However, for now we will focus on lettuce and its cousins.  It perturbs me to no end to have to purchase greens of any kind in the grocery store.  Homegrown greens are so easy and tasty!  Also, it is so much easier to have a bed of lettuce and just go pick you some whenever you want, than to have to go to the store when you want a salad.  If you are like me, lots of times what’s for dinner is not something planned very far in advance.  So, having items growing in the garden to have on hand is just the ticket.

One of the perks about lettuce and all the other greens, such as arugula, chard, spinach, etc. is that they can by eaten at all stages.  Baby greens make for a scrumptious salad or sandwich.  Many people, like my children, do not like mature spinach but love baby spinach.  So, while the plants are growing you can pick the outer leaves and enjoy the garden abundance for many weeks.  The greens( the term greens refers to all types of lettuce, herbs, kale, greens, spinach etc)  do not take a lot of space.  One 5X12  foot bed of greens will keep my family of 6 in fresh greens.

Now to dispel the lies.

First, that lettuce is hard to grow.  Not so, you just have to know when to plant it.  If you read many of the labels on lettuce sold in Texas, the labels  say to plant after all danger of frost has passed.  The problem with this is that if you wait that long in Texas you can have as little as 2 weeks until the temps are consistently in the mid- 80′s.  The proper planting times in Texas are February- April and September- December.  Lettuce is a cool season crop.  When most areas of the country are having dead of winter, we are having our cool season.   When we have had a mild winter, I harvest greens from September until June.  That is only 2 months of store-bought greens in a year.  That makes my heart happy! Most lettuce varieties,as well as spinach and collard greens, can stand temperatures down to 23′ degrees.  Some winters we don’t even get that cold once so you can have a productive garden all winter.

Second lie- lettuce has many insect problems. Now there are certain worms- Cabbage Loppers for example- that do like lettuce.  However, these are easily dispatched with Bt.  Bt- (Bacillus thuringiensis) is a naturally occurring bacterial disease that only attacks caterpillars.  Bt is organic and you can eat the produce with no worries that synthetic pesticides bring.  There are other insects that can be a problem at times, but I have found in my gardens that Bt is all I need to keep things in balance.  Also, there are other methods of insect control, but again the Bt is simple, easy and effective so that is what I use.  You can find it at most hardware and garden supply stores.  If you have fertile soil fed and amended with organic compost and fertilizers, most other insects won’t pose a large problem.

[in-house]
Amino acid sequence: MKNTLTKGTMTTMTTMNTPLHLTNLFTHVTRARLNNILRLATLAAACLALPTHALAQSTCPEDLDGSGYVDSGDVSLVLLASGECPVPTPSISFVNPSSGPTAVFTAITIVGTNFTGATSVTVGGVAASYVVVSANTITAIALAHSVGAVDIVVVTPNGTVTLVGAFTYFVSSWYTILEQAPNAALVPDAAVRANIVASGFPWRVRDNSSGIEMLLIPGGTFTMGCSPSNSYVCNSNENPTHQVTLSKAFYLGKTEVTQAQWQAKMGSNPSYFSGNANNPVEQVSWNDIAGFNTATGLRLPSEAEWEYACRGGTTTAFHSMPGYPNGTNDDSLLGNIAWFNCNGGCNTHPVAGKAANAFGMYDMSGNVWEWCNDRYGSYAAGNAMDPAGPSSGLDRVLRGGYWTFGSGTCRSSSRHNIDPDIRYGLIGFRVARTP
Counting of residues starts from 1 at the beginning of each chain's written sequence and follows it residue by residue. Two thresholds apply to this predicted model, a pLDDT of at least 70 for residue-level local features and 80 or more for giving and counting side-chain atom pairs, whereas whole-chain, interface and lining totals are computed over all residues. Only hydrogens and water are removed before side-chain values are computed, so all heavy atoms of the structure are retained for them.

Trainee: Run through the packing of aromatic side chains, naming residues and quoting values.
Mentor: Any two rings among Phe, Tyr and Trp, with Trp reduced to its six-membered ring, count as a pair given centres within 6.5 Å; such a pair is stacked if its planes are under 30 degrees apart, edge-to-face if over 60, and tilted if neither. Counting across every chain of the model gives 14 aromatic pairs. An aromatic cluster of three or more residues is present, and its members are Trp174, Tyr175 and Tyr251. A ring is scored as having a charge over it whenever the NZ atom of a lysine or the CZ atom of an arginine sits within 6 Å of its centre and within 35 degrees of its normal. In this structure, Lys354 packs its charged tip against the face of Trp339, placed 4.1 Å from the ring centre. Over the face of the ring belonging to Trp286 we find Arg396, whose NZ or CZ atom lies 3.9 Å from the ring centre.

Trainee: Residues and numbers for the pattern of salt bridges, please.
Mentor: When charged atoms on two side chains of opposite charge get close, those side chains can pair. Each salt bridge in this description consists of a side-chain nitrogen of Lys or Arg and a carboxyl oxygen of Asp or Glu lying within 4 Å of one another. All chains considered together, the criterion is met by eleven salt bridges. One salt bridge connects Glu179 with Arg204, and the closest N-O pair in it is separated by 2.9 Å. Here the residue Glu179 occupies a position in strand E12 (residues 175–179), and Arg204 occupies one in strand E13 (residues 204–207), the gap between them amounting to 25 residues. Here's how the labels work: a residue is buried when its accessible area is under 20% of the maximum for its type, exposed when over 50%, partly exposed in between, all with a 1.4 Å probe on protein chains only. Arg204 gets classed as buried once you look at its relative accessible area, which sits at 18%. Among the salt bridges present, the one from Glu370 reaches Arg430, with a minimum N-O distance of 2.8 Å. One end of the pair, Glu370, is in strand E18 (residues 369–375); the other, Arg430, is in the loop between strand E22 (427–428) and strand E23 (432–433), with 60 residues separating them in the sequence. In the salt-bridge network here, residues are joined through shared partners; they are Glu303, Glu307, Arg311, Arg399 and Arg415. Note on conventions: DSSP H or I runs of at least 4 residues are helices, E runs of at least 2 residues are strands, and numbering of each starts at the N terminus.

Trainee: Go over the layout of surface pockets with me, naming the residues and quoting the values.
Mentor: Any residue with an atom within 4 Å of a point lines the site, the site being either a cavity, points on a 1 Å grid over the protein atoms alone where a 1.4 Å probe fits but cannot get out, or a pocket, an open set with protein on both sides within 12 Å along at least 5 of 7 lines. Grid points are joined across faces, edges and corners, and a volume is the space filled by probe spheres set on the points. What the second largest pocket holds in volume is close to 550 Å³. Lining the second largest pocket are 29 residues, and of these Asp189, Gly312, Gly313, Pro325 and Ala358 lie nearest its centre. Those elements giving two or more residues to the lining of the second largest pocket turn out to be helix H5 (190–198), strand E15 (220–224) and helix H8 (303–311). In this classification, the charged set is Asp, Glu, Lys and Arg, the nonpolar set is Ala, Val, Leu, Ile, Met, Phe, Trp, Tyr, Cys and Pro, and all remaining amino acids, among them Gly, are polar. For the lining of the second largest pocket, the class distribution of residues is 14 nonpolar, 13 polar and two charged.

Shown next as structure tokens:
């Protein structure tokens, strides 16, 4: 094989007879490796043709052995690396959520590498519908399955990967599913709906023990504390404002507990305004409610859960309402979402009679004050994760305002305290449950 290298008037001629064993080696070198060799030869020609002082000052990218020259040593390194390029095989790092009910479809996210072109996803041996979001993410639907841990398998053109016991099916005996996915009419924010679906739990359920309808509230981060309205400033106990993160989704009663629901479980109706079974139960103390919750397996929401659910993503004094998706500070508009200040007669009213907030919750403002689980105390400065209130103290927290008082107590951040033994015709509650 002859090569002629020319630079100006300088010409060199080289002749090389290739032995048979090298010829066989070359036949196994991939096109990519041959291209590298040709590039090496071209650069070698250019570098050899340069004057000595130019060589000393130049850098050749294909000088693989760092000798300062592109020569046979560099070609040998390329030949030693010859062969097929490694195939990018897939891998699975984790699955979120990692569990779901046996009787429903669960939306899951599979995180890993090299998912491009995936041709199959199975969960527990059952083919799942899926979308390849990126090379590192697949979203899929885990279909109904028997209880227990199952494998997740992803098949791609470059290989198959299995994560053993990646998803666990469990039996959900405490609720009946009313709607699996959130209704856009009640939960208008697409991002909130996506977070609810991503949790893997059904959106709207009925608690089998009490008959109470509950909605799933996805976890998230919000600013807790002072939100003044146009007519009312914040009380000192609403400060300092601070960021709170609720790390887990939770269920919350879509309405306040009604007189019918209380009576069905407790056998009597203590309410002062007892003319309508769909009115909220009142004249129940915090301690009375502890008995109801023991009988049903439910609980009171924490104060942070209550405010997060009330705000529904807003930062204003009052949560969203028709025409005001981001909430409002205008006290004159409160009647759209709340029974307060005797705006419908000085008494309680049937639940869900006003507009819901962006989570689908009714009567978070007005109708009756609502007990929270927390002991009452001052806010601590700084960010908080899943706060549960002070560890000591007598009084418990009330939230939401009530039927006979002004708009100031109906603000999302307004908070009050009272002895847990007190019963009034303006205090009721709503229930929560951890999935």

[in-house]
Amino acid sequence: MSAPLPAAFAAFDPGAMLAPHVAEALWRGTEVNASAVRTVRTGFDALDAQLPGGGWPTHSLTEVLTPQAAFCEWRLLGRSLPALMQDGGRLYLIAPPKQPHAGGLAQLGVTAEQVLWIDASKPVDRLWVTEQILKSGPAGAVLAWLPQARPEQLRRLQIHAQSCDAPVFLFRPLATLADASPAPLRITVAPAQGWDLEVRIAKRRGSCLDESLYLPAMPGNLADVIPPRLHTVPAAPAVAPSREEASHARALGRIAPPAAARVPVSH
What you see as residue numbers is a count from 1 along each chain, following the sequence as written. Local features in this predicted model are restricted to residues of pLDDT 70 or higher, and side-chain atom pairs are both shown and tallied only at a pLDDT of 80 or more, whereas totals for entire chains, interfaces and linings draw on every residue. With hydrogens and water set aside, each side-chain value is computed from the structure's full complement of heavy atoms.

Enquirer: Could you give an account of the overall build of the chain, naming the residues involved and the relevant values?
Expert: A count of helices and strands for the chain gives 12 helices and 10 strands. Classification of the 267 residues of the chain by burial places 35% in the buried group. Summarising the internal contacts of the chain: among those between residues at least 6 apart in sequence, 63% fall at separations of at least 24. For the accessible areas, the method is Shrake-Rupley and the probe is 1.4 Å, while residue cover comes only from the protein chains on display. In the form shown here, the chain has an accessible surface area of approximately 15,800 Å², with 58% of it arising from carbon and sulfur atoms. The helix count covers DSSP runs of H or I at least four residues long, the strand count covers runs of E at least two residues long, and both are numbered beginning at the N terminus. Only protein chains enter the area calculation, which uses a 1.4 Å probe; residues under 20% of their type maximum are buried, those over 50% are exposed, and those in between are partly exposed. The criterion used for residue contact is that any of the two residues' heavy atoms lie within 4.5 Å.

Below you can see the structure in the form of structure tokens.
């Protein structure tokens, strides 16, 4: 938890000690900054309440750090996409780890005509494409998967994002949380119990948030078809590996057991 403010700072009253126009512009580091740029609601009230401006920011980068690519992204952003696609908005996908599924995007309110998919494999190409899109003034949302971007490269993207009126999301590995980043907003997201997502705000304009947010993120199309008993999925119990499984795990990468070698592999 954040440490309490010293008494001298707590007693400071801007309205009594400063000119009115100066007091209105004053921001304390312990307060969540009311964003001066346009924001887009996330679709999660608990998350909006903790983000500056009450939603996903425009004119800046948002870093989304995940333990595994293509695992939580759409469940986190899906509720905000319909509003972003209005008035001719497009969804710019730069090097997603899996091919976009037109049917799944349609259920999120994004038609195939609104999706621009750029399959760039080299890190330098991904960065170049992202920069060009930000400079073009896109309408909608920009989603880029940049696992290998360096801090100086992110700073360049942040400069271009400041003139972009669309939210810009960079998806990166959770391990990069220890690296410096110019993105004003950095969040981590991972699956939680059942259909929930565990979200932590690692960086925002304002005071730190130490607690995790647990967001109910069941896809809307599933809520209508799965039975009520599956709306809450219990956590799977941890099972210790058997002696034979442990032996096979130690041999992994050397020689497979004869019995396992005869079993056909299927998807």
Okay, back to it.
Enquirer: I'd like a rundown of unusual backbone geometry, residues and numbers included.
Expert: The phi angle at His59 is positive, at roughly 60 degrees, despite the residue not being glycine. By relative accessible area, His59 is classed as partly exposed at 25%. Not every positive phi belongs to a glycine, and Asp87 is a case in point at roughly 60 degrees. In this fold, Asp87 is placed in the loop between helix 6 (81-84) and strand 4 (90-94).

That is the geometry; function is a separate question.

Third Lie- lettuce grown in Texas tastes bitter- hogwash.  Again, you just need to know when to plant and what varieties to plant.  The types that are considered “slow to bolt” are the best for planting in the spring.  Bolting refers to sending up a conical shaft with blooms that will produce seeds.  Warm weather signifies to the lettuce that it is time to make seeds.  So, those lettuces that are slow to bolt will be the most tolerant of warm weather.  While you are looking in seed catalogs for heirloom selections (heirloom refers to varieties that will reproduce consistently if the seeds are saved) look for ones that were developed in Louisiana, Arkansas, Texas- of course- or Israel.  These areas have climates similar to ours and those varieties will usually do well here for the spring planting.  Look for varieties labeled “Cool season” or “cold tolerant” on the lettuces, these will be the ones for planting in the fall.  When it comes to the spinach, swiss chard, and kale- these are not even stopped by a freeze so they will grow all winter.

lettuce in compost raised beds

Some of my favorite varieties are:
For Fall Planting: Black Seeded Simpson, Drunken Woman, Tom Thumb, Oakleaf
For Spring Planting:  Oakleaf, Jericho- awesome, Tom Thumb
Spinach- Longstanding Bloomsdale is great year round.

Most of your annual herbs like dill, Salad Burnett, chives are best planted on the same schedule as lettuce.
I like to sow the seeds in wide beds.  I thin the seedlings and use them in salads as baby greens.  Keep the lettuce or greens watered one inch once per week and a little shade is very helpful for extending the growing season in the summer.  The seeds usually germinate and emerge in 7-10 days.

So there you have it- the truth about lettuce.  Now what are you waiting for?  September is coming to a close and October is upon us,  I can just taste the homegrown lettuce now.

Raised beds are great for gardening, this one in the front is filled with baby greens.